Nonetheless, state level data are important, as I discussed in a Commentary in JAMA. 302:1113-13, 2009. States are important because it is their wealth that sets the parameters, just as the wealth of countries in the OECD sets their parameters. The difference is that the parameters among states are narrowed by federal transfers between them, mainly through Medicare and Medicaid, whereas countries are on their own.

Once the parameters are set, the spending in each state or country is disproportionately on the poor who live there. Since Mississippi doesn’t have much wealth even after transfers, spending isn’t great, except in the population that is principally affected by the transfers (Medicare). In New York and Massachusetts, there are substantial resources, and the poor use them disproportionately.

Communal (state) wealth and individual (Zip code) income explain the vast bulk of geographic variation in health care.

Jay Brazier February 5, 2013 at 1:36 pm

“Interestingly, in an individual-level analysis of correlates of Medicare spending variation, Stephen Zuckerman and colleagues (PDF) found that some of the key factors that explained variation in Sheiner’s state-level analysis – income, most measures of race, and BMI – were not statistically significant.”

-It looks like Zuckerman et al were looking at the statistical attributes of the over-65 population and correlating them with practice/spending variations in a given geographic area (Please correct me if I’m mistaken).

While an analysis that excludes the working-age cohort from the analysis can still be quite informative, it seems plausible that variations in the working age cohort could influence spending, practice, and outcome variations in ways that aren’t fully captured by analyses that are confined to the Medicare population.

The primary limitation of the geographic variation literature as a whole is the limited coherence across data sets. Spending and outcomes variations in Medicaid patients don’t accurately predict variation amongst privately insured patients. Data at the HRR level don’t necessarily predict variation at the state or zip-code level.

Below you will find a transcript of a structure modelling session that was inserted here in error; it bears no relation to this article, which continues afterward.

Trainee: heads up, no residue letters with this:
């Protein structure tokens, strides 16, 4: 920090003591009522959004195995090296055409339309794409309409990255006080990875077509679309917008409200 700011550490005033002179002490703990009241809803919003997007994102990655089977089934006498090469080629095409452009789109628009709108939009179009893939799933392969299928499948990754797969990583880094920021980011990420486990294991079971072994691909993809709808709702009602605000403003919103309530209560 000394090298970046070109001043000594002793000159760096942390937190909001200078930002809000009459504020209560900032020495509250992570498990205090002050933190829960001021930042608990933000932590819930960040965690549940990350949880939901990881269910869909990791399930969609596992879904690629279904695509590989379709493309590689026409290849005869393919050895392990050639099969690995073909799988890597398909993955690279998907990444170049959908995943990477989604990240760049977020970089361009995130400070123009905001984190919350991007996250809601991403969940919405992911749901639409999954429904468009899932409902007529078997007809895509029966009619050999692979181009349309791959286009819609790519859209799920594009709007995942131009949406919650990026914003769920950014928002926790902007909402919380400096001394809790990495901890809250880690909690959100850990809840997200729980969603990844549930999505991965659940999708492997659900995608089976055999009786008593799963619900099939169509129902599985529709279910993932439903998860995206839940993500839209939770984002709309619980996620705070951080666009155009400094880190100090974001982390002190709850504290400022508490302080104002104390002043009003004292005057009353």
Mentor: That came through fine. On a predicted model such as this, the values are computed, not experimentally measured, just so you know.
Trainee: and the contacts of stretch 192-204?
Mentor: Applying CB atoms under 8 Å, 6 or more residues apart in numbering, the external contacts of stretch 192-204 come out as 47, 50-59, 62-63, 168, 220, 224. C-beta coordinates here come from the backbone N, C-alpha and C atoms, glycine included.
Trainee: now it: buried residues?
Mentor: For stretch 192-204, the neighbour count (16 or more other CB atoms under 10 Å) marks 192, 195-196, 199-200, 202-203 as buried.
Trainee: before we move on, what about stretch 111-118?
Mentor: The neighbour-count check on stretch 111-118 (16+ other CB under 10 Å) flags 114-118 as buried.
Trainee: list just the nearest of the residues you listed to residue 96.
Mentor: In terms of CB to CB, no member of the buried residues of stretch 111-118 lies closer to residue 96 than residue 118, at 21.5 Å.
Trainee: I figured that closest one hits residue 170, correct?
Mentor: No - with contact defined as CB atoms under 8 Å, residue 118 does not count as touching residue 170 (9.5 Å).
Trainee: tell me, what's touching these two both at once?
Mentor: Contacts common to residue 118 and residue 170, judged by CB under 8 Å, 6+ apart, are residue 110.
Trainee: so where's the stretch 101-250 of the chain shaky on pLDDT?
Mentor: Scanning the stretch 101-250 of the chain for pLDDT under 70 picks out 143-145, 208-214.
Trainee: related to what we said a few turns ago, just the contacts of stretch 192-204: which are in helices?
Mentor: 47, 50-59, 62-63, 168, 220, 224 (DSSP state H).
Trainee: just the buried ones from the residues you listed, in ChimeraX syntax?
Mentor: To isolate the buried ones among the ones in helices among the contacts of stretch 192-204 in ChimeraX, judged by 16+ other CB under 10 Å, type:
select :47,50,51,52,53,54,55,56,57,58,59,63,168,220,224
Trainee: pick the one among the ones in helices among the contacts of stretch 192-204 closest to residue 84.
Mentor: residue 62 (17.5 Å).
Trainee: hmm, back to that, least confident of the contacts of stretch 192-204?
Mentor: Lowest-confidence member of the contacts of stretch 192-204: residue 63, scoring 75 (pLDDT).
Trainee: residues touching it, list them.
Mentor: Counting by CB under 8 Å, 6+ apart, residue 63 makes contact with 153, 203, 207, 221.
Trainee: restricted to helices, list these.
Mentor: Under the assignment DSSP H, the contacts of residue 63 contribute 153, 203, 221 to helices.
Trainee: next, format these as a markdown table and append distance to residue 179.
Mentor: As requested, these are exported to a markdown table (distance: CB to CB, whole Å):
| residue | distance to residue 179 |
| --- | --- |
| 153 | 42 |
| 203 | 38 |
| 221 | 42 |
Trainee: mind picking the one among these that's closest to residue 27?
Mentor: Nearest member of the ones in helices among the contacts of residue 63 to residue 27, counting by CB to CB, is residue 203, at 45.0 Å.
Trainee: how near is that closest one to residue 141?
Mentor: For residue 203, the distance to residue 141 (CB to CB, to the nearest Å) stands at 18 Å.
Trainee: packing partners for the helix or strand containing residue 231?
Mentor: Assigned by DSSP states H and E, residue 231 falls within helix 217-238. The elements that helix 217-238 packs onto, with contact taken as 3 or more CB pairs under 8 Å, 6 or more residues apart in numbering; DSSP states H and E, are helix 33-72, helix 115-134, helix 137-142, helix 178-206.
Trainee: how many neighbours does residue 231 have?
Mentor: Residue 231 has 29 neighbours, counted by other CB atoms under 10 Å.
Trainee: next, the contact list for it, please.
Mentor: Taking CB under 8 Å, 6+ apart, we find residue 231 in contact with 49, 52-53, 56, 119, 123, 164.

The absence of coherence across statistical boundaries suggests that studies that arrive at different conclusions regarding the influence that a given demographic variable has on spending can be seen as informing one another rather than invalidating one another – at least until someone has developed a model that generates consistent predictions across all data sets based.

Zhongwenz February 22, 2013 at 10:43 am

On the contrary,

It would really simplify things if doctors prescribing too many tests, making too many referrals, etc, explained why U.S. health care is so expensive. Why? Because it implores Democrats to let go of political hot potatoes–Medicare-for-all, public option, etc and join Republicans on certain health policies. Of course, while regional variation in Medicare may be of interest, it is far from the reason why U.S. health care is so expensive, as one could observe from a cursory glance around the developed world (where one would see plenty of Medicare-for-all systems accounting for 9-12% of GDP). By the way, per capita growth in Medicare expenditures is markedly lower than in the private insurance market, regional variation or not.

Politicos have latched on to the Dartmouth group precisely because it makes their life easier. Remember the public option’s journey through the U.S. Congress? Something tells me Dartmouth inspired policies would have an easier time getting through.